Caregivers who experience accusations of infidelity feel compelled to present logic. In the case of a husband who was being accused by his wife of having affairs, he responded: “I walked to the mailbox and back. How in the world could I be with another woman?” Logic does not work in Dementia Land. Instead, respond with something simple, such as “I love you. I would never do that.” Or, you may want to try a variation on the approach I described above: “You sound upset. I love you and want to help.”
In case you are wondering why I keep suggesting that you incorporate “I love you” into your approach, it is because of the energy, the vibes, present in those words. Specifically, your energy and your vibes. Many times—but not always–spouses who provide care unconsciously shift their energies. They no longer act like lovers. They stop the kisses and the cuddles and the gentle, romantic touches. Instead, they go into full-blown caregiver mode. Their touch becomes task-focused: washing, wiping, sliding on clothes. Caregiving is exhausting, so the last thing the spousal caregiver thinks about is kisses and cuddles. In fact, sometimes spousal caregivers actively dislike their spouse and resent the caregiving role. Not all of the time, but we are imperfect human beings and many of the dementia behaviors can test our patience. This shift in energy can be felt by the person living with dementia and may cause feelings of loneliness or rejection. Those feelings can then spark the jealousy delusions.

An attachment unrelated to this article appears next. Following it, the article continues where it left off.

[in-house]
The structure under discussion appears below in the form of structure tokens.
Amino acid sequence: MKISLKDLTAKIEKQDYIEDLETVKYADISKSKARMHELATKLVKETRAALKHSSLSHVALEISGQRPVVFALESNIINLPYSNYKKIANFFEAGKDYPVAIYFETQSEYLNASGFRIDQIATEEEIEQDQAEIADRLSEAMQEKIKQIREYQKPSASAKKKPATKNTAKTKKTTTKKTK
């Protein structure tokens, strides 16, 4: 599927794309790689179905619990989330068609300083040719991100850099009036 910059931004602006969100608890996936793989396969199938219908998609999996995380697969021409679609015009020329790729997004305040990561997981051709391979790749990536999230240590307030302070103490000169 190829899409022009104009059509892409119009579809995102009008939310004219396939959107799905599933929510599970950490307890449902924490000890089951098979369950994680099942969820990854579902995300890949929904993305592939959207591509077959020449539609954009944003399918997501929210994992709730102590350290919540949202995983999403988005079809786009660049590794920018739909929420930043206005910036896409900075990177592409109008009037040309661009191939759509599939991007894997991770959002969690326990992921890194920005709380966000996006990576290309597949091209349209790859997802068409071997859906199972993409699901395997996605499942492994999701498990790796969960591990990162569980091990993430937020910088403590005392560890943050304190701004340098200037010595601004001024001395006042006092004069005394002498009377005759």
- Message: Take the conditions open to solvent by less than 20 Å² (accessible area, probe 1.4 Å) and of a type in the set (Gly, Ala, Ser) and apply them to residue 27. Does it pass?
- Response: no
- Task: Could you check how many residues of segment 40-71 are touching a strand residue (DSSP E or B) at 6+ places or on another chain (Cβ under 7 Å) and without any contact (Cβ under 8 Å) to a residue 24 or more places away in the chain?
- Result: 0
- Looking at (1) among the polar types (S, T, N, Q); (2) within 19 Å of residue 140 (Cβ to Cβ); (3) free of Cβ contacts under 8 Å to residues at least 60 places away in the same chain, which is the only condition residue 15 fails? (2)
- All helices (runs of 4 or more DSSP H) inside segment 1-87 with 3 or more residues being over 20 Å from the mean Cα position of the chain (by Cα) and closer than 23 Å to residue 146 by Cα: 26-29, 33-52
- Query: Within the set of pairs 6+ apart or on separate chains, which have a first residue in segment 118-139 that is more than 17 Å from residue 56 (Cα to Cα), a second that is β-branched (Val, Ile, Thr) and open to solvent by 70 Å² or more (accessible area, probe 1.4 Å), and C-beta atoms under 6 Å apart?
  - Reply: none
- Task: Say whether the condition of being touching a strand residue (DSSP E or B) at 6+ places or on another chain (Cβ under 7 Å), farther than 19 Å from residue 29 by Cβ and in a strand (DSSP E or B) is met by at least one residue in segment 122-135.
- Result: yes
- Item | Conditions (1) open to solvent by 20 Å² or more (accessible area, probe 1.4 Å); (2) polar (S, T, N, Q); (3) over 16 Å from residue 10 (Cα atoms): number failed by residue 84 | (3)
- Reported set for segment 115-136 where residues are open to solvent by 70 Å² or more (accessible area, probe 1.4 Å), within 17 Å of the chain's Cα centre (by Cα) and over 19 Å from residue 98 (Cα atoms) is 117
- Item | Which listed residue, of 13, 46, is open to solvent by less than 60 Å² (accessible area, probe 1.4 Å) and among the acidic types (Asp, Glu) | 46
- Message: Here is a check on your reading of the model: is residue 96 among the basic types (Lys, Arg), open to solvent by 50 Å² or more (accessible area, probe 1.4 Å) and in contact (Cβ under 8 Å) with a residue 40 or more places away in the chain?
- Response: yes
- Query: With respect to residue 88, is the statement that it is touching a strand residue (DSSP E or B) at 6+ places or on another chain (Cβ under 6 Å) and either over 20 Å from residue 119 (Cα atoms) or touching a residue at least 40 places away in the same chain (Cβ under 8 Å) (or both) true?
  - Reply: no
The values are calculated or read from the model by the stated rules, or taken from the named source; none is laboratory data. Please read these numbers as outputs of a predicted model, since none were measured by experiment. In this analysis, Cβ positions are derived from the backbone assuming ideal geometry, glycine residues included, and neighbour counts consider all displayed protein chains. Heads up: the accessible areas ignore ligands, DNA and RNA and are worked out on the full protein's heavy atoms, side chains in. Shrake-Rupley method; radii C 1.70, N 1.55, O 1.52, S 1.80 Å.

Again, if this sounds like it could be your situation, I am not saying you CAUSED the delusion. Nope. I’m describing the unconscious and subtle changes that happen over time and may fuel the delusion.